This blog was never intended to focus exclusively on birds, but to explore the natural environment of Framingham, Massachusetts. Its time to get down to business!
The images in this post are from a PowerPoint project my daughter created for her geology class at BU. She used our experience of house hunting in Framingham (which was frustrating, to say the least) to illustrate the impact of geography, history, geology, etc. on the community. I think the presentation is a good introduction into what factors affect nature in Framingham.
My husband had worked in Framingham for four years, but all I knew about the town was Route 9 and Downtown. I was NOT excited about moving here. I thought I was being noble and gracious to move to a town I hated just so my husband could have a short commute. I kind of owed it to him, since he had been driving 90 miles a day for so long.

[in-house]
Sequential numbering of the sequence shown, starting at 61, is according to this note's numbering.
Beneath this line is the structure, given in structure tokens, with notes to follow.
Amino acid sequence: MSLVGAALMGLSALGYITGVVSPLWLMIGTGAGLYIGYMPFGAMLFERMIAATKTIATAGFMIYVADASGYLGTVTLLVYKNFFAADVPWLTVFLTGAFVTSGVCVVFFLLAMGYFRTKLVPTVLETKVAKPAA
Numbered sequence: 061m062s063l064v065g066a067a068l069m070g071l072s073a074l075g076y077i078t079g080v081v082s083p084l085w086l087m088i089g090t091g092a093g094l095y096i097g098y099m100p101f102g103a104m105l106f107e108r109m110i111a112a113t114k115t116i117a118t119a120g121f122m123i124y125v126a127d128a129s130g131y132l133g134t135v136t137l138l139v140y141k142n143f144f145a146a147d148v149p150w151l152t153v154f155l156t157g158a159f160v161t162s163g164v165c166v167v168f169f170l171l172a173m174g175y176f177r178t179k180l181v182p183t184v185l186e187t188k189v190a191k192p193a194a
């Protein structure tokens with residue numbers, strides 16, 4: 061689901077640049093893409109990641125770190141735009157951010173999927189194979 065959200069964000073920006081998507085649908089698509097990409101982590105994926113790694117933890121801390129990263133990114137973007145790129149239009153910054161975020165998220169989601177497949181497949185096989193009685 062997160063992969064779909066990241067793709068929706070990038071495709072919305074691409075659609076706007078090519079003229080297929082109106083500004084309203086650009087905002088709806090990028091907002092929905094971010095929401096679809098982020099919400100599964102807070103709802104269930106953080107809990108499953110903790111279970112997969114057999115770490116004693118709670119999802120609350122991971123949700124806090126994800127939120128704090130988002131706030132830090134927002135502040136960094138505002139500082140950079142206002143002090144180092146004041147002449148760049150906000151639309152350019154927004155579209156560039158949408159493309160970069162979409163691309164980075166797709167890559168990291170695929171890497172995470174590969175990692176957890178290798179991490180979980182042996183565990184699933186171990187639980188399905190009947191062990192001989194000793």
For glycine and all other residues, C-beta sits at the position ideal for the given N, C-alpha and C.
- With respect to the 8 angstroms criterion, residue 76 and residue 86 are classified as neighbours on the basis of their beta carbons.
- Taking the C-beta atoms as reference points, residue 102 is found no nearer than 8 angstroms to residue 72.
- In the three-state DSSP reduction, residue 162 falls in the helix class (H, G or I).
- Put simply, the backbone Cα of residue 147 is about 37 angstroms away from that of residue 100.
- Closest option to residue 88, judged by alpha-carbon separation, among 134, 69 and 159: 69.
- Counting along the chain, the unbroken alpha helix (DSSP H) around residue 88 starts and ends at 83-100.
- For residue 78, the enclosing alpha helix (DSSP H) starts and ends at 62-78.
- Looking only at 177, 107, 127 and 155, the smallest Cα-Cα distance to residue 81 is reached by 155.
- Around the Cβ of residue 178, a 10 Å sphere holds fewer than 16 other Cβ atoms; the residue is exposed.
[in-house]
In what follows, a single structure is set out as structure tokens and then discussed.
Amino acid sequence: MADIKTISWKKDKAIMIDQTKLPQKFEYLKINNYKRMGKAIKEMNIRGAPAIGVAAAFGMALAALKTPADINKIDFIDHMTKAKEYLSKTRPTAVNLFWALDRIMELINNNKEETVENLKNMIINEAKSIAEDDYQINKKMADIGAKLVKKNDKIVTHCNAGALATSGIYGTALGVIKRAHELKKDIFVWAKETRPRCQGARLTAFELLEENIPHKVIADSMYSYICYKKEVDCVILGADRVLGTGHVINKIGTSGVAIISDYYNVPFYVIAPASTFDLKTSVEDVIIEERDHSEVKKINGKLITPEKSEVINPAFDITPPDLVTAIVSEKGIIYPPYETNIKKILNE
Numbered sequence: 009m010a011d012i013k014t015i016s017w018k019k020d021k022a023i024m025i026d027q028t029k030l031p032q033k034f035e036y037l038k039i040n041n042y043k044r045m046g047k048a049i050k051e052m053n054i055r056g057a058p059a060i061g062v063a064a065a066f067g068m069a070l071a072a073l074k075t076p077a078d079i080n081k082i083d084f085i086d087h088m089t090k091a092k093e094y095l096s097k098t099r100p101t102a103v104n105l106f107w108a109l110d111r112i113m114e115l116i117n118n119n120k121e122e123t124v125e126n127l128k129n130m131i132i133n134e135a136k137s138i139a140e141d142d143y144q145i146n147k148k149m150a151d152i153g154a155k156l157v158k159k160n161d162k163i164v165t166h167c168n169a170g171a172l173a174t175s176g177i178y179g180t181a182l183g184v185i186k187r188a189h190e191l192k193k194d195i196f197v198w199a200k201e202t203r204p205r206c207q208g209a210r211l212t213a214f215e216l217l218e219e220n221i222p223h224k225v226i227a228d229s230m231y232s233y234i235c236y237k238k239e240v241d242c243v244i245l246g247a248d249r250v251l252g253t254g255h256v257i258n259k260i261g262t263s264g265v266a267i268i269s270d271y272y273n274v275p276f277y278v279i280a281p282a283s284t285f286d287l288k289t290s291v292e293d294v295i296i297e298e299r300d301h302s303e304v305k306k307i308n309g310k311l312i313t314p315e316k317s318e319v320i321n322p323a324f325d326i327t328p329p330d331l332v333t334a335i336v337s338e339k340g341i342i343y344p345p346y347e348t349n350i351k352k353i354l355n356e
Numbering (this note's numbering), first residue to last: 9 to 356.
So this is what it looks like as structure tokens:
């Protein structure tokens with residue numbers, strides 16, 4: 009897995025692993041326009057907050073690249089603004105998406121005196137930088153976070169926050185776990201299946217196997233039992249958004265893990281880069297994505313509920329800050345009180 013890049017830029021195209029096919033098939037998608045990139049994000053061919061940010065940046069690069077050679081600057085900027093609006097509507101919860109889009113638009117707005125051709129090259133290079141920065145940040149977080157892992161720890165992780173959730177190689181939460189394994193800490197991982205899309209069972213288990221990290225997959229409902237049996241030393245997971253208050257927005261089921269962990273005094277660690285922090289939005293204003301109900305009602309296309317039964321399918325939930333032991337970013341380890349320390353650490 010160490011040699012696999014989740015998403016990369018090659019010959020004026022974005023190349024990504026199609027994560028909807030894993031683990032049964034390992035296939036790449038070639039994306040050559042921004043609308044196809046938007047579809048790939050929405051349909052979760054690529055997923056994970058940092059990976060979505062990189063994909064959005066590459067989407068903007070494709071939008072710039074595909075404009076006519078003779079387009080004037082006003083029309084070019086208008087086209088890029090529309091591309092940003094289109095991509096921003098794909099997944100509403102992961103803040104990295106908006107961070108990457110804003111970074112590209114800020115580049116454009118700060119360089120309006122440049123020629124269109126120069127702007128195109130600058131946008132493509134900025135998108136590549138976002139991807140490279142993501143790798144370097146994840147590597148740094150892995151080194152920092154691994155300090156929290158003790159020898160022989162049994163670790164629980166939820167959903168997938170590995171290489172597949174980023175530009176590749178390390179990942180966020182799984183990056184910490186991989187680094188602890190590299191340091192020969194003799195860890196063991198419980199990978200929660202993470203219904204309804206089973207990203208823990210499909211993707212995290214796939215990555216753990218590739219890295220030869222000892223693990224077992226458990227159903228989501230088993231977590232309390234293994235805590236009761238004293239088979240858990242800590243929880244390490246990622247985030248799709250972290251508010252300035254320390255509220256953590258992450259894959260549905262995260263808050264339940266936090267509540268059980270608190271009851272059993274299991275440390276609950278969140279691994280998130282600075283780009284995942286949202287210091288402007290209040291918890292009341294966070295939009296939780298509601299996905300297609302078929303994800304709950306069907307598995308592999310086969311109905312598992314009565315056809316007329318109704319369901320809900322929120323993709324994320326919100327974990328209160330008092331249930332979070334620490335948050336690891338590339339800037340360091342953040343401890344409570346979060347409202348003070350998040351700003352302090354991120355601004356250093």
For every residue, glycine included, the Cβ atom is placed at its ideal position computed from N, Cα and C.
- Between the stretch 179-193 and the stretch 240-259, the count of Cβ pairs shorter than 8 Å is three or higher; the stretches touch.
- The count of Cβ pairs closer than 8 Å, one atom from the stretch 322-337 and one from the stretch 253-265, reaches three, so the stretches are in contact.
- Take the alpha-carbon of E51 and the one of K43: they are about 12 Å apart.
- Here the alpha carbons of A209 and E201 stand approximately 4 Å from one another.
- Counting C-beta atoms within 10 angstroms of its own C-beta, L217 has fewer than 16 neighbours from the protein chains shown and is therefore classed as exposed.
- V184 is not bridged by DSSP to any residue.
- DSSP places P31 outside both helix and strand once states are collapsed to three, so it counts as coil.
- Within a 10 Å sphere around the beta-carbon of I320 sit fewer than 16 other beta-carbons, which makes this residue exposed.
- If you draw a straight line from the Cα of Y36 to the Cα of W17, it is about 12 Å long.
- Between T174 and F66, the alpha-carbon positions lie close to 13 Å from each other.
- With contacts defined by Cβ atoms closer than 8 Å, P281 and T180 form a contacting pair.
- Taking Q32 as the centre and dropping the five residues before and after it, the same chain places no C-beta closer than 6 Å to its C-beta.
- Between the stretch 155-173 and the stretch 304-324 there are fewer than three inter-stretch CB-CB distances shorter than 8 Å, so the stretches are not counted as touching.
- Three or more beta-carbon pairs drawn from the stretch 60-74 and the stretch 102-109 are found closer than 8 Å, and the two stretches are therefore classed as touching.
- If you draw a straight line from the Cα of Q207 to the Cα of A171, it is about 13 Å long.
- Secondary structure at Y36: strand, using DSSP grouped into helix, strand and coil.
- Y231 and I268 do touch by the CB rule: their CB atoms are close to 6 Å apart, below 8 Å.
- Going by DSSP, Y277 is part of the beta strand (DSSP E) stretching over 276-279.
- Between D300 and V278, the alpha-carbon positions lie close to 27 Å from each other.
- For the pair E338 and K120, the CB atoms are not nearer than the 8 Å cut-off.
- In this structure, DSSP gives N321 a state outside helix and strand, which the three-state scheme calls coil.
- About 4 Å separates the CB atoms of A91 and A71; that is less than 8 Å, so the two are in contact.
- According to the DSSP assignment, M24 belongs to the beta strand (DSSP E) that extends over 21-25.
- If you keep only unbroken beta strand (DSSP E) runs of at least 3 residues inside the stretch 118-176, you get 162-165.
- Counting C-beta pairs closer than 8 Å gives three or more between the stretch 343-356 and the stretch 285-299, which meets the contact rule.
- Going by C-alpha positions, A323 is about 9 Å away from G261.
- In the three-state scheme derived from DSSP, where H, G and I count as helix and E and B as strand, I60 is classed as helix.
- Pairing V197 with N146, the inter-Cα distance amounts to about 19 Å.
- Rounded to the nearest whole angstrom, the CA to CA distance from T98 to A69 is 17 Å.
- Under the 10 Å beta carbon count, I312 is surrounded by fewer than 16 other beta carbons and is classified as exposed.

It should have been REAL easy to find a house, since we were downsizing and basically empty-nesters. We weren't concerned about access to schools or avoiding busy streets or other factors that had always been important before. All we needed was a small house, and we weren't even committed to a particular style of house. All we wanted was a normal house. We both considered a basement to be normal, so that was a requirement.
In our price range, there were TONS of slab houses. In our price range, all the houses with basements had DAMP or MUSTY SMELLING basements. We looked for almost a year, but had no luck. Eventually, we sold our house in Sharon and had to move out. Since we had no house to move into, we rented an apartment. Luckily, we found an awesome, quiet, clean, and well maintained apartment. (If you are ever looking for a Framingham apartment, make sure you check out one of the buildings owned by the Brossi Brothers. You'll be glad you did, believe me.)
When we moved into the apartment, I started doing a LOT of research about the area. (I also started to fall in love with my new town - and I love it more with every passing day!)
I have answers to most of the above questions now, and it is pretty fascinating stuff. More to come tomorrow . . .